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Android software updates pinned on hardware issues


legion125
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Here's something I didn't know about how difficult it can be for the OEM's to update software for mobile phones. This article discusses the challenges Motorola faces when trying to upgrade multiple devices and carrier involvement. I also read a related article about when Android is release, it first goes to the chip maker to get it working on the chip, then to then OEM's to make it work on the hardware and finally to the carriers who may want to add their bloatware.All of this so compatibility issues can be worked out.

 

The process can take 3-6 months, so I lean on the six month side. Since ICS first came out in November, the first ICS phone or upgrade besides the GN, should out between February or May. With rumors that the GSll will be updated with ICS next month, that puts it at the early end of the time frame. Here I am thinking it was perhaps a bit more involved than deleting Windows XP off your computer to install Windows 7.

 

http://www.fiercewir...sues/2012-02-09

 

 

Motorola's Wyatt pins Android software update delays on hardware issues

 

 

Hardware differentiation and software skinning is a key cause of the delays behind Android smartphones receiving the latest software updates, a top Motorola Mobility (NYSE:MMI) executive said.

 

 

Speaking to a group of reporters Wednesday in New York City, Christy Wyatt, senior vice president of Motorola's Enterprise Business Unit, said that developing code to support hardware other than the lead "nexus" devices Google creates has proven difficult.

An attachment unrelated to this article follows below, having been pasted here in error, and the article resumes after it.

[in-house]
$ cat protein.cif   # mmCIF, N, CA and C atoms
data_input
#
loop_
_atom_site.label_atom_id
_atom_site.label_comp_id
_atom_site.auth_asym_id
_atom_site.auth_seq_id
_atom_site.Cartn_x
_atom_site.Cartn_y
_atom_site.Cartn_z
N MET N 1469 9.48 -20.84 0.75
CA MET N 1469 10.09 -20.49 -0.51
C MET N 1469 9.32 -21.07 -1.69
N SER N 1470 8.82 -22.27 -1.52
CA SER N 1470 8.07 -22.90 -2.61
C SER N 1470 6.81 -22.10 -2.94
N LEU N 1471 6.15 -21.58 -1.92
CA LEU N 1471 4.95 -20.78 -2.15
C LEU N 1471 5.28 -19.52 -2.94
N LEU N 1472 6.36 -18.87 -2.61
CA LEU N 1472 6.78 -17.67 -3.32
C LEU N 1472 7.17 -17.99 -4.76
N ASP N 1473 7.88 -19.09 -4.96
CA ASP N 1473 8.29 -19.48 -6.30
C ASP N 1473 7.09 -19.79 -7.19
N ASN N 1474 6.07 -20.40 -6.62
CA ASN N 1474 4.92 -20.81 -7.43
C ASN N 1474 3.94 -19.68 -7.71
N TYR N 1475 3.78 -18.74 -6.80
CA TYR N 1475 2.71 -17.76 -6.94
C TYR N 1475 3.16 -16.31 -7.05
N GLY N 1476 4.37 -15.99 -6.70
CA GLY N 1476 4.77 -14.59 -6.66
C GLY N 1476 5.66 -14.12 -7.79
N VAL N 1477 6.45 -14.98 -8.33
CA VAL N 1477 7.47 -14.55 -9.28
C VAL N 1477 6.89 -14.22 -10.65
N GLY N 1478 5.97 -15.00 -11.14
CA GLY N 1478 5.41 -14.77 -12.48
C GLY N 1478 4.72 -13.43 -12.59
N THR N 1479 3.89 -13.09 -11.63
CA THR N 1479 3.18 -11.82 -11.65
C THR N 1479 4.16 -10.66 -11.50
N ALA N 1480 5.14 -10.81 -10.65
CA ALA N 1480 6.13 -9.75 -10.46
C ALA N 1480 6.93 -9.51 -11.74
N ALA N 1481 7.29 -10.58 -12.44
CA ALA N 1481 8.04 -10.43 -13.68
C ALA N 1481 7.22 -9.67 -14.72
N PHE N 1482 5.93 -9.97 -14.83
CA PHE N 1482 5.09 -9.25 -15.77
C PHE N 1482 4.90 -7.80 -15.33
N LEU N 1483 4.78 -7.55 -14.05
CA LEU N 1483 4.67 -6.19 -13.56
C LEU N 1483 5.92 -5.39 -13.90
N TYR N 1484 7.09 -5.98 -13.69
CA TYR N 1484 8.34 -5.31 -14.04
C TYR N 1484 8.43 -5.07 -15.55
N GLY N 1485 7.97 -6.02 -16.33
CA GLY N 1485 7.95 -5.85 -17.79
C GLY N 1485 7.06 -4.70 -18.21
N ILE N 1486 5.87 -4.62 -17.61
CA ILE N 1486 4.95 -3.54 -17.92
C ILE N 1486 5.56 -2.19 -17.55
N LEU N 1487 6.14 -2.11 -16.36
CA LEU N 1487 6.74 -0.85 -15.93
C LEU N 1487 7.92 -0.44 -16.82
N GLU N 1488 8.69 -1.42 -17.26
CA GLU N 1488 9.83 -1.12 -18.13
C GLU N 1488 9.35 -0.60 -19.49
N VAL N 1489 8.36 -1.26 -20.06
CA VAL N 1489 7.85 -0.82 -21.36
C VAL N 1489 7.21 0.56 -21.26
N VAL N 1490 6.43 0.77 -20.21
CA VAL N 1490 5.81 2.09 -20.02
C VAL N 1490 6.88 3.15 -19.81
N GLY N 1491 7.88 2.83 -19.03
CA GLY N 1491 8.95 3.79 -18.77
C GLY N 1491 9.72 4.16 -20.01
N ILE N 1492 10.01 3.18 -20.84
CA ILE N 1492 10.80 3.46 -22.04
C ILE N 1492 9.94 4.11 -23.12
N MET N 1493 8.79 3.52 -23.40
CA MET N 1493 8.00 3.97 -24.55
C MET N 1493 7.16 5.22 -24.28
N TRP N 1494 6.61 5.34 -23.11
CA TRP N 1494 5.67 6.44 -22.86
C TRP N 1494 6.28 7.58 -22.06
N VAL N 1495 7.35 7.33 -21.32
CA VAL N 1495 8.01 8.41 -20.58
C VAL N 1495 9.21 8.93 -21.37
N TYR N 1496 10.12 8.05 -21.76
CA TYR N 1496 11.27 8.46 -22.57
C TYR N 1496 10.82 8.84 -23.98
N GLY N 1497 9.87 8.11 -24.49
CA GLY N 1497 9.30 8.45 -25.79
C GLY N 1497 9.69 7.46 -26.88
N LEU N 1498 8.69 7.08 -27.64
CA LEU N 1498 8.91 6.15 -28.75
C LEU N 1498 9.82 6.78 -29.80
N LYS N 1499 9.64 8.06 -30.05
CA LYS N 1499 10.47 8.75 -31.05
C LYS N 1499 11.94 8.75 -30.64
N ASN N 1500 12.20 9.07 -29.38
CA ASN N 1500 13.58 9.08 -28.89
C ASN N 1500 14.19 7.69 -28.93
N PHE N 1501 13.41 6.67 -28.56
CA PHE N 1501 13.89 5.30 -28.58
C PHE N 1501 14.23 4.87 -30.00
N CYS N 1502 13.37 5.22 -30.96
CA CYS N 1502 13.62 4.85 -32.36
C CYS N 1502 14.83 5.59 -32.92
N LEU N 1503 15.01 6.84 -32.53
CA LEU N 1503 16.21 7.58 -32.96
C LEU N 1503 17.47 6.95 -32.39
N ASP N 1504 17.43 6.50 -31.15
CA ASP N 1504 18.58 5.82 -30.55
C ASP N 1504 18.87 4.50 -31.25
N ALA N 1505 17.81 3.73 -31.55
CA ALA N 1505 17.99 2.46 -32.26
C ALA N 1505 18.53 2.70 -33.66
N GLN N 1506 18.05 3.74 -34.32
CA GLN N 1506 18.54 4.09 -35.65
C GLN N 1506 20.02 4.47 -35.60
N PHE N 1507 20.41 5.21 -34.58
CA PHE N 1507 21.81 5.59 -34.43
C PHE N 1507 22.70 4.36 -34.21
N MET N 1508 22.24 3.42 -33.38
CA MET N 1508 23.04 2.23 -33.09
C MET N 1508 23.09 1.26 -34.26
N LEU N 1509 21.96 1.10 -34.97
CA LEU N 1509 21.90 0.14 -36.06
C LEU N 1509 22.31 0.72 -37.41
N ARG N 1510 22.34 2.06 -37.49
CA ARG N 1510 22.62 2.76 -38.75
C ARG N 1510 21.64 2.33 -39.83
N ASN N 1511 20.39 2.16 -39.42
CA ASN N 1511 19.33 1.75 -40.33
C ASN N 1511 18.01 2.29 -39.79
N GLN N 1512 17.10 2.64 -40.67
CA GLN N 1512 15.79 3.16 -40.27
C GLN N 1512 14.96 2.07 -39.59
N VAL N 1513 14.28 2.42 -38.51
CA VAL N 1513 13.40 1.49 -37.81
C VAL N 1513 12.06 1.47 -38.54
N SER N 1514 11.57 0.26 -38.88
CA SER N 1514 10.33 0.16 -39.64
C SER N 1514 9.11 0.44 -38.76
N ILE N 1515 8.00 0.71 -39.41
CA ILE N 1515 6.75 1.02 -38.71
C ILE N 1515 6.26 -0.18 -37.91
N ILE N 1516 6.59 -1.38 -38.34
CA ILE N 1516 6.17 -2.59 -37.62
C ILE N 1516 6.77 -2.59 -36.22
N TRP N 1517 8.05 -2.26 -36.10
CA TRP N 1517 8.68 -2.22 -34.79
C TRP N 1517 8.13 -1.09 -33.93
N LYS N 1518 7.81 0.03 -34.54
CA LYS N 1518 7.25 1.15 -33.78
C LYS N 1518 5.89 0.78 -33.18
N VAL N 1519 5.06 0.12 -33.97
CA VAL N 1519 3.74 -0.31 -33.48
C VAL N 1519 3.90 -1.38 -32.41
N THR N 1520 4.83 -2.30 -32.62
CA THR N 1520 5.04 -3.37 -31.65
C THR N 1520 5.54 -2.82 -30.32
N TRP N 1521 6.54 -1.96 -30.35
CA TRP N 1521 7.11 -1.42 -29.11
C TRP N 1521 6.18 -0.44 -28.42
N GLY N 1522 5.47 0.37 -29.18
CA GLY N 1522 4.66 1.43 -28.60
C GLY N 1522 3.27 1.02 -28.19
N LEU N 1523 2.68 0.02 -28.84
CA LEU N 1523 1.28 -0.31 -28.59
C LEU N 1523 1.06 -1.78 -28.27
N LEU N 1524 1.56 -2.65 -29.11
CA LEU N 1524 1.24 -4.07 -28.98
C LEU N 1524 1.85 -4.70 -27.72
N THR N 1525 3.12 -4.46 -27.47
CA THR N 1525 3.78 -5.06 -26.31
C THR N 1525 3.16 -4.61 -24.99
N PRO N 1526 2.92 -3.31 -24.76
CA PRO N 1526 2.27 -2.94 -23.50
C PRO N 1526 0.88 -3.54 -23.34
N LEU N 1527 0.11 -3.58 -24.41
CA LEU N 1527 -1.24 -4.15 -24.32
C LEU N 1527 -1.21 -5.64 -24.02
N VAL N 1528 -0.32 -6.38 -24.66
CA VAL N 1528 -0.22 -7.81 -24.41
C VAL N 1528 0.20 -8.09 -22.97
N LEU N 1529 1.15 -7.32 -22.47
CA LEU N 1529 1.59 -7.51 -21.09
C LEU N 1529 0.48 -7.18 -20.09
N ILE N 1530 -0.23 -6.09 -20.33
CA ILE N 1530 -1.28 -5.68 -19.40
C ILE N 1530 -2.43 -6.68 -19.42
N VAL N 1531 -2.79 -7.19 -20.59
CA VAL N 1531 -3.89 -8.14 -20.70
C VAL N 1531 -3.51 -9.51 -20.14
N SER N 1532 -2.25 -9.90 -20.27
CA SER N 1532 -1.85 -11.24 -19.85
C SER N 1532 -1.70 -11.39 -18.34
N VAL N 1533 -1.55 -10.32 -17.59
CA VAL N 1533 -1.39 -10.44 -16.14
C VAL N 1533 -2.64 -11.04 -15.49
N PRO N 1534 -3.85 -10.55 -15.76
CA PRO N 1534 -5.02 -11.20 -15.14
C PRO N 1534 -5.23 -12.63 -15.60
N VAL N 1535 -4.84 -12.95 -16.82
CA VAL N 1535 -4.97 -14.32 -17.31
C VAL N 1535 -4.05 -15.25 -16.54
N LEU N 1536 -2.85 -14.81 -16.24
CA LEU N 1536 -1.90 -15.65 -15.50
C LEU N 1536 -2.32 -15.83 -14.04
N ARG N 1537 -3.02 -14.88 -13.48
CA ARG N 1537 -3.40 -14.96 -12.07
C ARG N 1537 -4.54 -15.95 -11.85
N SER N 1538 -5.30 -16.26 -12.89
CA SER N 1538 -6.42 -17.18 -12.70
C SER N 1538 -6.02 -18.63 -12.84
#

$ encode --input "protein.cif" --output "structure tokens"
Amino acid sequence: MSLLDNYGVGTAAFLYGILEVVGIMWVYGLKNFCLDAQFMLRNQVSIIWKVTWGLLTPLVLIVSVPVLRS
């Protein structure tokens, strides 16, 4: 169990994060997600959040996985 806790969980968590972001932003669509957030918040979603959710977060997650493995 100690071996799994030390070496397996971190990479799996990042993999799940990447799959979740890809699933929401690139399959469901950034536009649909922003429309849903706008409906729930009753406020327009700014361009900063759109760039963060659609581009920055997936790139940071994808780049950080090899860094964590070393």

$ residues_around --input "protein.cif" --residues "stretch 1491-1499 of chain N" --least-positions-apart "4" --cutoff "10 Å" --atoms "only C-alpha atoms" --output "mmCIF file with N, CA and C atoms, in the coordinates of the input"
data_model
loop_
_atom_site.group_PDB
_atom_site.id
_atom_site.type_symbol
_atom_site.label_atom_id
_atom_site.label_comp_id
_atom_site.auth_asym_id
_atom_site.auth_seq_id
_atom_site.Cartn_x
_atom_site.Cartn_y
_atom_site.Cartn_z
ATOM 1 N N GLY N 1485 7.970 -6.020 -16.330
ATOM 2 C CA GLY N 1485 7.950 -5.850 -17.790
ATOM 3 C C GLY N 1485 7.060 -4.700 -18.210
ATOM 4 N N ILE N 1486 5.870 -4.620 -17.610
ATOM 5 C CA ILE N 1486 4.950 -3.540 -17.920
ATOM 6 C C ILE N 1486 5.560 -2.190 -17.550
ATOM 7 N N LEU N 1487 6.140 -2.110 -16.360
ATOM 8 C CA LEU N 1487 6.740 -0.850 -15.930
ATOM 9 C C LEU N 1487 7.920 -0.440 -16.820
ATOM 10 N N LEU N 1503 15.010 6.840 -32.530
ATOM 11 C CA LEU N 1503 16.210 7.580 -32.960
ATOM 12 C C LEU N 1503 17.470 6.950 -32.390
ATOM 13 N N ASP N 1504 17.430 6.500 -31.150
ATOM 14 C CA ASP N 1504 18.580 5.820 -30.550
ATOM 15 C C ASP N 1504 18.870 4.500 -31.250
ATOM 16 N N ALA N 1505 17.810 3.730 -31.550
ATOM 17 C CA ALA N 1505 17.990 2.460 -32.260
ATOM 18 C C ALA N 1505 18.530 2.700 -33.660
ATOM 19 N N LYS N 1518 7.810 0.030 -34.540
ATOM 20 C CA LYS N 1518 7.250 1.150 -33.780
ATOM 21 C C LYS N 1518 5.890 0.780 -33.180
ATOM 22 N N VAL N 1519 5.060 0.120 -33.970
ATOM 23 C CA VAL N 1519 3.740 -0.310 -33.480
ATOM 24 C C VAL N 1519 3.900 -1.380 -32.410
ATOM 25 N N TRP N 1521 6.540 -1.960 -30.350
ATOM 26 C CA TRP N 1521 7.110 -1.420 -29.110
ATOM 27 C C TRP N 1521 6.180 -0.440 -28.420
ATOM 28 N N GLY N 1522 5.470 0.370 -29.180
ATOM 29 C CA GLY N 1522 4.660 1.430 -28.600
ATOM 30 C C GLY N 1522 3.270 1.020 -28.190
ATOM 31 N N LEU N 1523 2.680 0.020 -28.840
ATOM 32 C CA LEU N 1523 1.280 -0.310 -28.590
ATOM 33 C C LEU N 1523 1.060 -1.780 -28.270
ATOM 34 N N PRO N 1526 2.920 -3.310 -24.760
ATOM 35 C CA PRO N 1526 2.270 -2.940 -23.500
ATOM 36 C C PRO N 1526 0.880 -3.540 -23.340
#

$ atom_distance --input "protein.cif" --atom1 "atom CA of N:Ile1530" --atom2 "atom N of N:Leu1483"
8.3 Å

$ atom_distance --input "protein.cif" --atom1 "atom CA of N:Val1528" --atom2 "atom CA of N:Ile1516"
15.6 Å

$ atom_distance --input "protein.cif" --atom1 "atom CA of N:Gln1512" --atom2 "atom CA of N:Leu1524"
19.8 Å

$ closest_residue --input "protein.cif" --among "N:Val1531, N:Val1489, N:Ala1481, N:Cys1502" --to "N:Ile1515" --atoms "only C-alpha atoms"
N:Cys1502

"When Google does a release of the software ... they do a version of the software for whatever phone they just shipped," she said, according to PC Magazine. "The rest of the ecosystem doesn't see it until you see it. Hardware is by far the long pole in the tent, with multiple chipsets and multiple radio bands for multiple countries. It's a big machine to churn."

 

Google (NASDAQ:GOOG) is reportedly close to closing its $12.5 billion acquisition of Motorola, but Google has insisted that even after the deal closes Motorola will still have to compete with other Android licensees to produce "lead" Nexus-branded Android devices. Wyatt said Motorola can't be more precise on when it will be able to deliver software upgrades to its devices, explaining: "I would have to know that every single operator I have is going to want to upgrade every single product, and sometimes they'll want to control the timing ... it's just not easy to make that blanket statement."

 

In September Motorola moved Wyatt, who had been corporate vice president of software and services product management, to her new role in the company's enterprise unit. Wyatt said Motorola will look to promote its smartphones and tablets for enterprise use in places such as schools and hospitals. So far, Motorola's tablet business has failed to take off--the company shipped 1 million units in 2011. However, Wyatt said Motorola is just getting started. "It's still early days," Wyatt, referring to Motorola's work in cracking vertical markets. "There are tons of interesting things we can do with our existing hardware today."